A Musical Education
Just Not the One I Expected
I was in my last semester at the University of Illinois, Urbana-Champaign. Being a lifelong rock ‘n’ roller with essentially no exposure to any other music, I figured, “Hey, it’s time I learned something about classical music!” I took Music 130, “Introduction to Music.”
The teacher was an African-American woman, who did in fact teach us the basics of Western classical music. I don’t remember anything about that. What I do remember was that she also taught us blues and gospel, America’s real classical music. Not just that; she actually brought some of the giants in those fields into our classroom. I don’t mean movies or recordings; I mean the actual people.
I don’t remember much about that class, other than the two guests I’ll mention below, but I do remember her talking about field chants: those chants that slaves working in the fields would join in. Like this prison chant:
I talked about how I got into jazz last post, but I didn’t mention that it was while I was taking this class.
Classical vs. Pop
I don’t care to argue which is “better.” On my own, later in life, I got educated on classical music and opera, and I actually sang both — in community opera companies, I sang in the chorus for Lucia de Lammormoor, Tosca, Tales of Hoffman, La Boheme, La Traviata (twice), and Carmen. In other choruses, I’ve sung the Brahms Requiem, Carmina Burana, the Verdi Requiem, Elijah, and lots of other pieces. So I finally sought out and got what I was originally after.
However, there is a certain virtue-signaling to being “into” classical music. It seems more cultured to dress up and attend the symphony than to go to a jazz club. That’s less so now than 50 years ago. Jazz is now taught in prestigious music schools, and the Lincoln Center Jazz Orchestra is as respectable as it gets.
Back then, it really was still the music of the people. The folk boom of the early 60s
which was almost all mediocre white musicians, brought back a lot of the forgotten black musicians like Furry Lewis and gave them the recognition they always deserved. So at least it had that going for it. When you watch Inside Llewyn Davis (which that clip is taken from), you realize why the British Invasion blew them away so easily.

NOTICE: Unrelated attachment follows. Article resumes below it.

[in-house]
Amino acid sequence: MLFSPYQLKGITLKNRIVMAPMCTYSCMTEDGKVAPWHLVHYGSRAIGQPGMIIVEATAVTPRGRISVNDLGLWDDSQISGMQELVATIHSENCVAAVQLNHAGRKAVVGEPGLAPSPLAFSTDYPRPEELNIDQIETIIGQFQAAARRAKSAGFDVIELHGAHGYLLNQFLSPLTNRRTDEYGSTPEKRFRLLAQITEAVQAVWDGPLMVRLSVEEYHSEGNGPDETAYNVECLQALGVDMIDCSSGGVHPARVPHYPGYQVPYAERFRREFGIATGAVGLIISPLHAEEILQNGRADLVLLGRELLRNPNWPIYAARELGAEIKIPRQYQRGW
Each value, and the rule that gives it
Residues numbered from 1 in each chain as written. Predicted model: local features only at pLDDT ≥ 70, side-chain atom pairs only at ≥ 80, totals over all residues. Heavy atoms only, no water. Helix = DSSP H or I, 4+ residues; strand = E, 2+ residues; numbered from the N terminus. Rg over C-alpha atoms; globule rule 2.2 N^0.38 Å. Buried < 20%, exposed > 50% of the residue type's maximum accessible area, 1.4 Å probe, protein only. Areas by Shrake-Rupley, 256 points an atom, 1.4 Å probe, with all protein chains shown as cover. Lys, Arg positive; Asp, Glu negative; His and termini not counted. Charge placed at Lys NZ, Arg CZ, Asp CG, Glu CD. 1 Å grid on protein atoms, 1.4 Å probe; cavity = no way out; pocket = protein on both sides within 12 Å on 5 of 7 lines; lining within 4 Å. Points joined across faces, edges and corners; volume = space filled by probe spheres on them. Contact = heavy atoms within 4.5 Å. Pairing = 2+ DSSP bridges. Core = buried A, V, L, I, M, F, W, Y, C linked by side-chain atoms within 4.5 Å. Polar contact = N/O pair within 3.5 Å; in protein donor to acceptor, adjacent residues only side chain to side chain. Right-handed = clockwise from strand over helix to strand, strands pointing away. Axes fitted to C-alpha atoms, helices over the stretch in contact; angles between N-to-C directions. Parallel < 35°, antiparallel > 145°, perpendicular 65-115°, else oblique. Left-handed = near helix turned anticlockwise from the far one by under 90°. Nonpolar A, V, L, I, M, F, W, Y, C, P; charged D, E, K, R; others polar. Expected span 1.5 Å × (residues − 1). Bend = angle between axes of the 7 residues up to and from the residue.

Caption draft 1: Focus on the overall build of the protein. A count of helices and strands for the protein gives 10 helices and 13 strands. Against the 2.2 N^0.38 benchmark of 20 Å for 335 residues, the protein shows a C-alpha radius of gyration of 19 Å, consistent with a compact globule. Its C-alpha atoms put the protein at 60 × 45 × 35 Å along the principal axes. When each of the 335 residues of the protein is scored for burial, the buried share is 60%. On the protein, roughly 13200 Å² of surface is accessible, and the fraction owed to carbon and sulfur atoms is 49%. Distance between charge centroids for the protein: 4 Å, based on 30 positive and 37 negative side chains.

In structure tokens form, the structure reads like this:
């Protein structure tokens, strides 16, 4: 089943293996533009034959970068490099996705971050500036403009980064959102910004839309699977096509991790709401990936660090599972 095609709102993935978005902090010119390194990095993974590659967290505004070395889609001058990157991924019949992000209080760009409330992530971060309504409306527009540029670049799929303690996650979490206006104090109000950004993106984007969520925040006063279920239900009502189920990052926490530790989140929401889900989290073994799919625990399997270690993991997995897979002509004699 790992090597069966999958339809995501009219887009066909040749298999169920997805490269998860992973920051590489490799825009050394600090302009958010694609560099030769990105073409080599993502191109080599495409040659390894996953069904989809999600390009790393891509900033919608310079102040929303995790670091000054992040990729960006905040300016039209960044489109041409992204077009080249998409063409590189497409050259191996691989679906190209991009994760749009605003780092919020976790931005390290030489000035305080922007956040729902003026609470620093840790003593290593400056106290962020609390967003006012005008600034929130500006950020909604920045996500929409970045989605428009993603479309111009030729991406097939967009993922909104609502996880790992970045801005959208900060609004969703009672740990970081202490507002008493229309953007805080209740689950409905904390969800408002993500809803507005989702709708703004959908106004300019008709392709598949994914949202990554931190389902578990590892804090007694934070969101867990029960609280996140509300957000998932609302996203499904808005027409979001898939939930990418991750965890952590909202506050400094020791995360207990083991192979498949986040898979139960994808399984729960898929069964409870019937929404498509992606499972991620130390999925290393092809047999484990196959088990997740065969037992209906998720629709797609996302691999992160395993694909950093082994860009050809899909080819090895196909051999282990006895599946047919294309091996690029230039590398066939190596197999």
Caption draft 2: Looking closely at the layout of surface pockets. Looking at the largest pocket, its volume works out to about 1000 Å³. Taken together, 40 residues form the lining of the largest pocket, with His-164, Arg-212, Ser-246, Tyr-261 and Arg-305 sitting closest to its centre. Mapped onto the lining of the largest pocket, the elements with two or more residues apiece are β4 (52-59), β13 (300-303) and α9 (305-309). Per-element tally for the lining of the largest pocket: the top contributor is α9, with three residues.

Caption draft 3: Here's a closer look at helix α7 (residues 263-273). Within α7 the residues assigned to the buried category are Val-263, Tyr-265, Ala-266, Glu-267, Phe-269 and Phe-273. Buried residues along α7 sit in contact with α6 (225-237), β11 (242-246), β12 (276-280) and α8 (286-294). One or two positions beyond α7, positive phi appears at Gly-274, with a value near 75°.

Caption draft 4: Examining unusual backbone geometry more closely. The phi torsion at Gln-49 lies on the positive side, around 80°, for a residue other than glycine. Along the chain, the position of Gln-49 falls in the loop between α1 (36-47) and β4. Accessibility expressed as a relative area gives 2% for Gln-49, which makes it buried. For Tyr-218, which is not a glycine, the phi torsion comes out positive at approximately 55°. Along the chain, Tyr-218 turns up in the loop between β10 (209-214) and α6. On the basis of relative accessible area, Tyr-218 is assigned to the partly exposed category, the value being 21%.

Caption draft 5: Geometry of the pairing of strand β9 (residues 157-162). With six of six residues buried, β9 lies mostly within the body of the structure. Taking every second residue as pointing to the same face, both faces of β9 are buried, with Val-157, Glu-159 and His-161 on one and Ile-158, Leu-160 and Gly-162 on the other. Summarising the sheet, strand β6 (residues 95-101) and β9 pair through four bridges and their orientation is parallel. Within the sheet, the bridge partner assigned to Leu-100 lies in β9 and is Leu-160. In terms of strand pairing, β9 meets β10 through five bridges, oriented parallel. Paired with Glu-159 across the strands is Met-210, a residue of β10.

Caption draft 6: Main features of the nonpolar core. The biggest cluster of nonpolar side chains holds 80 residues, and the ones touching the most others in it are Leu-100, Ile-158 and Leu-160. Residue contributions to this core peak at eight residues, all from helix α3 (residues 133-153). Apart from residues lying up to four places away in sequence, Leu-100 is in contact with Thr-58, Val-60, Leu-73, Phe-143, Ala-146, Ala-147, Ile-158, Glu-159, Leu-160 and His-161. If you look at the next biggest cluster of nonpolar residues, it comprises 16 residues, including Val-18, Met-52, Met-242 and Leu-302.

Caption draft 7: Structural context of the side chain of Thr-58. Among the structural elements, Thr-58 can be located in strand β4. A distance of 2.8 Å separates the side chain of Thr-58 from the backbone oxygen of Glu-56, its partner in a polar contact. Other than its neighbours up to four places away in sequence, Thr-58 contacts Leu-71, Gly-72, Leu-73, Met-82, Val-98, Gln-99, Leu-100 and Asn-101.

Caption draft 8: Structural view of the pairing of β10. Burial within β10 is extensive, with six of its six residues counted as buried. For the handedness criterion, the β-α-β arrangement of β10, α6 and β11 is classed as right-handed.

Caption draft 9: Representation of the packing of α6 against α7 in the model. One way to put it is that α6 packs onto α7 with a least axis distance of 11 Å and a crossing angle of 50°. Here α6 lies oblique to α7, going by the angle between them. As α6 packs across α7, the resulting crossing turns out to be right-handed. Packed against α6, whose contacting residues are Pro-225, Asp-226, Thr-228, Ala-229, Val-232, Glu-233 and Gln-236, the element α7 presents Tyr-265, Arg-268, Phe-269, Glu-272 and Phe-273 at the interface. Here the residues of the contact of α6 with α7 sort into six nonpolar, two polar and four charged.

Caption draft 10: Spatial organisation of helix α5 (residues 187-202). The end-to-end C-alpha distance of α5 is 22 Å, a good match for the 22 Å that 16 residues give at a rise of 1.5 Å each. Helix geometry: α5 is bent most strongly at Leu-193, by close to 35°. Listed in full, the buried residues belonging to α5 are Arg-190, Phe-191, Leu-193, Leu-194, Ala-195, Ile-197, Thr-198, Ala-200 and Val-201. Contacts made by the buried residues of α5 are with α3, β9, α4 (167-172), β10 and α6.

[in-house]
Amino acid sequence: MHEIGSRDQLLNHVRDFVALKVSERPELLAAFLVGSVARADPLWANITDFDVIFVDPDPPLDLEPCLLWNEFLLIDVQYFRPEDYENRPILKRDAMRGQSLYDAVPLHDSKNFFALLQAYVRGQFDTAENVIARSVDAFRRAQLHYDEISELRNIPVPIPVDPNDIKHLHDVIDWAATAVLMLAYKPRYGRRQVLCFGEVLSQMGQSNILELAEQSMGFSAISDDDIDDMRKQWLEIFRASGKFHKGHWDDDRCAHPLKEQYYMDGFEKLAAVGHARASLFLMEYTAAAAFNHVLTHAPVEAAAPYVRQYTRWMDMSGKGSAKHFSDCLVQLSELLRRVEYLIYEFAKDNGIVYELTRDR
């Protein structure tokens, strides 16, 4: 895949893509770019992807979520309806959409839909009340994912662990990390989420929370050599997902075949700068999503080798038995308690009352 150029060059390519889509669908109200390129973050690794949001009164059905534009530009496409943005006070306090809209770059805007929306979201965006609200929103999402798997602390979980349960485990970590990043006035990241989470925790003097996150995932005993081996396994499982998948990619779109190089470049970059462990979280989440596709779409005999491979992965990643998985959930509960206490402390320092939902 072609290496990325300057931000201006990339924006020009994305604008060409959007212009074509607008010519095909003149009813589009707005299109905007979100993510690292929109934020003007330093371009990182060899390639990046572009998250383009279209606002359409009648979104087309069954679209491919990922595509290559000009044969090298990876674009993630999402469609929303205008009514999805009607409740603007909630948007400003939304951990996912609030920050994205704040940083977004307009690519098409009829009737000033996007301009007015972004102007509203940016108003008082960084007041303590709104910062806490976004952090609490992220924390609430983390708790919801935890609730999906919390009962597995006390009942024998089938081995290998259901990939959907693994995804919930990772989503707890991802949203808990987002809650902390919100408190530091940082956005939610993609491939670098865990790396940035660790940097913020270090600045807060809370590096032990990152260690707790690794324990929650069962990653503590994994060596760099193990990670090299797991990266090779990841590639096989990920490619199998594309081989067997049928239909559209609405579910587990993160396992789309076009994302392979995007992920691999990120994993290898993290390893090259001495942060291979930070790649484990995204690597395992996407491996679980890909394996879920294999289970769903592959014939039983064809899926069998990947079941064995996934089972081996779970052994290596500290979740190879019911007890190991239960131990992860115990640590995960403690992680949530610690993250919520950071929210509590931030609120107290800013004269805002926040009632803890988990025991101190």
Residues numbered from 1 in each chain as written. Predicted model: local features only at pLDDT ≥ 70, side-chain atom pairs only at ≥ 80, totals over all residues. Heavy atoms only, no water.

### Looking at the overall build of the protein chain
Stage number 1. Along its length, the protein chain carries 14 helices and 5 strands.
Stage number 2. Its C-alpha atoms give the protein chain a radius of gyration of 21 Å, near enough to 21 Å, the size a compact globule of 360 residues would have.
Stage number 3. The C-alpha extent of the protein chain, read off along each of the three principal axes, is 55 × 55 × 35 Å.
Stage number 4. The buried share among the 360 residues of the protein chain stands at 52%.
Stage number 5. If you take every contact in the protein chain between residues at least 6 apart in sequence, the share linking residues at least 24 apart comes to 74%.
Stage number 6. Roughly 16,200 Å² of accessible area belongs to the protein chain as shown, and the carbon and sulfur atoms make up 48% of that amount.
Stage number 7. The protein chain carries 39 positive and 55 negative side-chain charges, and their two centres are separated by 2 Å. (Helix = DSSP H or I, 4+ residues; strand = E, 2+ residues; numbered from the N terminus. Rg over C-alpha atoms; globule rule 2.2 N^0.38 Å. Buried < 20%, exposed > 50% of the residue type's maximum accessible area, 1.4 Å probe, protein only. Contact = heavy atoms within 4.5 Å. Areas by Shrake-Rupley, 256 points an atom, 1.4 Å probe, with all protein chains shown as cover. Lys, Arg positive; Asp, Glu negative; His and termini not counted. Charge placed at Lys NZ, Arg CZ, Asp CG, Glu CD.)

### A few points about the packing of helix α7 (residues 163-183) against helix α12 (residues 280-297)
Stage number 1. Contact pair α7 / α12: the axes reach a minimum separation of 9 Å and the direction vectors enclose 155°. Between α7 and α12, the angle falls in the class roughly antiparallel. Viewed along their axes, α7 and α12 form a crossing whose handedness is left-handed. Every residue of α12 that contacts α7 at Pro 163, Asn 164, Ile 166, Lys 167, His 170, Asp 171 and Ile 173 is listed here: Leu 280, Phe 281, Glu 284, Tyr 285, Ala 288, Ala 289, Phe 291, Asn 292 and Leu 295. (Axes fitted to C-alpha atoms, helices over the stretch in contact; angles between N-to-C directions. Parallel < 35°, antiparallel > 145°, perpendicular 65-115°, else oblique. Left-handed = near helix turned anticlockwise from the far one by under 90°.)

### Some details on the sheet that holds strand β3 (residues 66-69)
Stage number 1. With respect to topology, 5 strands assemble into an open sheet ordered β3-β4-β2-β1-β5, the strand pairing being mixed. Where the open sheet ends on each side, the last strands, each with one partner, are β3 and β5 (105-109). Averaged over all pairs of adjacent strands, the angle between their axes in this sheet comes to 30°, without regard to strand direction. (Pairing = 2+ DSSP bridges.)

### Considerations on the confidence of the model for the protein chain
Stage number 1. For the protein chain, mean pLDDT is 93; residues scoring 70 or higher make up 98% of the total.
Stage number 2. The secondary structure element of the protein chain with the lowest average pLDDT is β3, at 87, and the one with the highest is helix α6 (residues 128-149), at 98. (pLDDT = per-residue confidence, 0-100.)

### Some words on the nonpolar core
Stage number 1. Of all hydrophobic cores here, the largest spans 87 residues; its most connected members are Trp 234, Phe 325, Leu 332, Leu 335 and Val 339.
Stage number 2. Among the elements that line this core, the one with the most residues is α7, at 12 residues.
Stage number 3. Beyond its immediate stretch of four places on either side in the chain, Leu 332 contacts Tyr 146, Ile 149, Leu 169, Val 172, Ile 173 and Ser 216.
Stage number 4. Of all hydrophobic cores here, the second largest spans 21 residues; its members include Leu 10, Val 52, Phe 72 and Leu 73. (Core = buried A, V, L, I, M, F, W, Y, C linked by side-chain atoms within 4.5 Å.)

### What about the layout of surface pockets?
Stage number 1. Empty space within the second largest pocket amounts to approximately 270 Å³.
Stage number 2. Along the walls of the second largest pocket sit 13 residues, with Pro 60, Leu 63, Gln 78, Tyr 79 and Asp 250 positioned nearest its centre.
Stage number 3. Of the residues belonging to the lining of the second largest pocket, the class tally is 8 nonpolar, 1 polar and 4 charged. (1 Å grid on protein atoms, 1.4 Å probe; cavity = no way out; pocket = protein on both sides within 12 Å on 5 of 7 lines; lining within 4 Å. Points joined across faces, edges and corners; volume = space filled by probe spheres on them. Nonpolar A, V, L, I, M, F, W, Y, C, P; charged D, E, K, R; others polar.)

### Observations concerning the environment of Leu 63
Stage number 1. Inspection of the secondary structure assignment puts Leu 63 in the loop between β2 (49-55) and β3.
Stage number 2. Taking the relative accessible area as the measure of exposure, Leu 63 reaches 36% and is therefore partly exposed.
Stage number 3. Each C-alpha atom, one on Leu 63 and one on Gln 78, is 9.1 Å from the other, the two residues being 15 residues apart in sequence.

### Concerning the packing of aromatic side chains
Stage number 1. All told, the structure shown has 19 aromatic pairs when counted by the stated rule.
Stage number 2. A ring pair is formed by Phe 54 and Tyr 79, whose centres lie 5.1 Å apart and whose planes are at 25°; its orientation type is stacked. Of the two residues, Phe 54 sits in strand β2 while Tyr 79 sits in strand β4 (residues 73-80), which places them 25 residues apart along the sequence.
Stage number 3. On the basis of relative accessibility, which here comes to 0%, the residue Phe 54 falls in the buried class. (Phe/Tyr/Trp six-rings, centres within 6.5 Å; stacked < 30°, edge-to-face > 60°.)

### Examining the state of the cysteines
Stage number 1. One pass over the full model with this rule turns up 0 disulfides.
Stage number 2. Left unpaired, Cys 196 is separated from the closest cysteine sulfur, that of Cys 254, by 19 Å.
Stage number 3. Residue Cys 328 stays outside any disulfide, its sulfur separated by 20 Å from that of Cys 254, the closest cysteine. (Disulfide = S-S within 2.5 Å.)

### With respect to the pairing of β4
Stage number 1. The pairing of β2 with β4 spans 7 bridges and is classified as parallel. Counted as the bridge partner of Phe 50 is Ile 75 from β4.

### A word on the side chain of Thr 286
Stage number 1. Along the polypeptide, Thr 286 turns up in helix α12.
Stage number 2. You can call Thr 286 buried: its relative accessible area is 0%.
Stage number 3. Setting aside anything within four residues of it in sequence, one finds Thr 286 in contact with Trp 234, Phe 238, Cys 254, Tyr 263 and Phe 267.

For a lot of Americans like me, it was to our eternal shame that British rockers had to show us what we’d been ignoring.
As Keith says in there,
You had it all the time. You just didn’t listen.
He came to our class. I guess he must have played and sang in class, but I don’t remember. When you consider that Urbana is a two-hour drive even from Chicago, and much longer from Memphis, getting him to visit was quite an achievement.
Who’s Furry Lewis? Here’s an article. As that reference says:
He often told stories of playing with W. C. Handy
You’ll notice in Walking in Memphis, one of my all-time favorite songs:
W.C. Handy’s name appears in the first verse. Handy was born in the 1800’s and he predated the blues, in fact he helped create them! You can’t be much more “royalty” than W.C. Handy. And imagine, we had a visitor who played with him.
At the end of Walking in Memphis, Cohn (probably Jewish, I’d guess) sings about Muriel who plays piano every Friday at the Hollywood, and at the end she says, “Tell me, are you a Christian, child?” and he says, “Ma’am, I am tonight!”
Gospel music is how many or even most black singers learned music. Say Amen, Somebody is the ultimate feel-good movie; in fact, if it doesn’t grab you, you may need to ask your doctor if you’ve got a stone there instead of a heart.
(Not “Tommy Dorsey”)
The Reverend Thomas Dorsey wrote the gospel standard, Take My Hand, Precious Lord. He came to our class, too.
Here’s the great Mahalia Jackson doing that song:
and the Queen of Soul:
What did the Reverend say in the class? I really can’t remember; I wish I could. But I do remember this basic fact: the great man actually came to a beginning music class for non-music majors. Wow.
Here he talks about how he wrote the song:
How can you follow that? I won’t.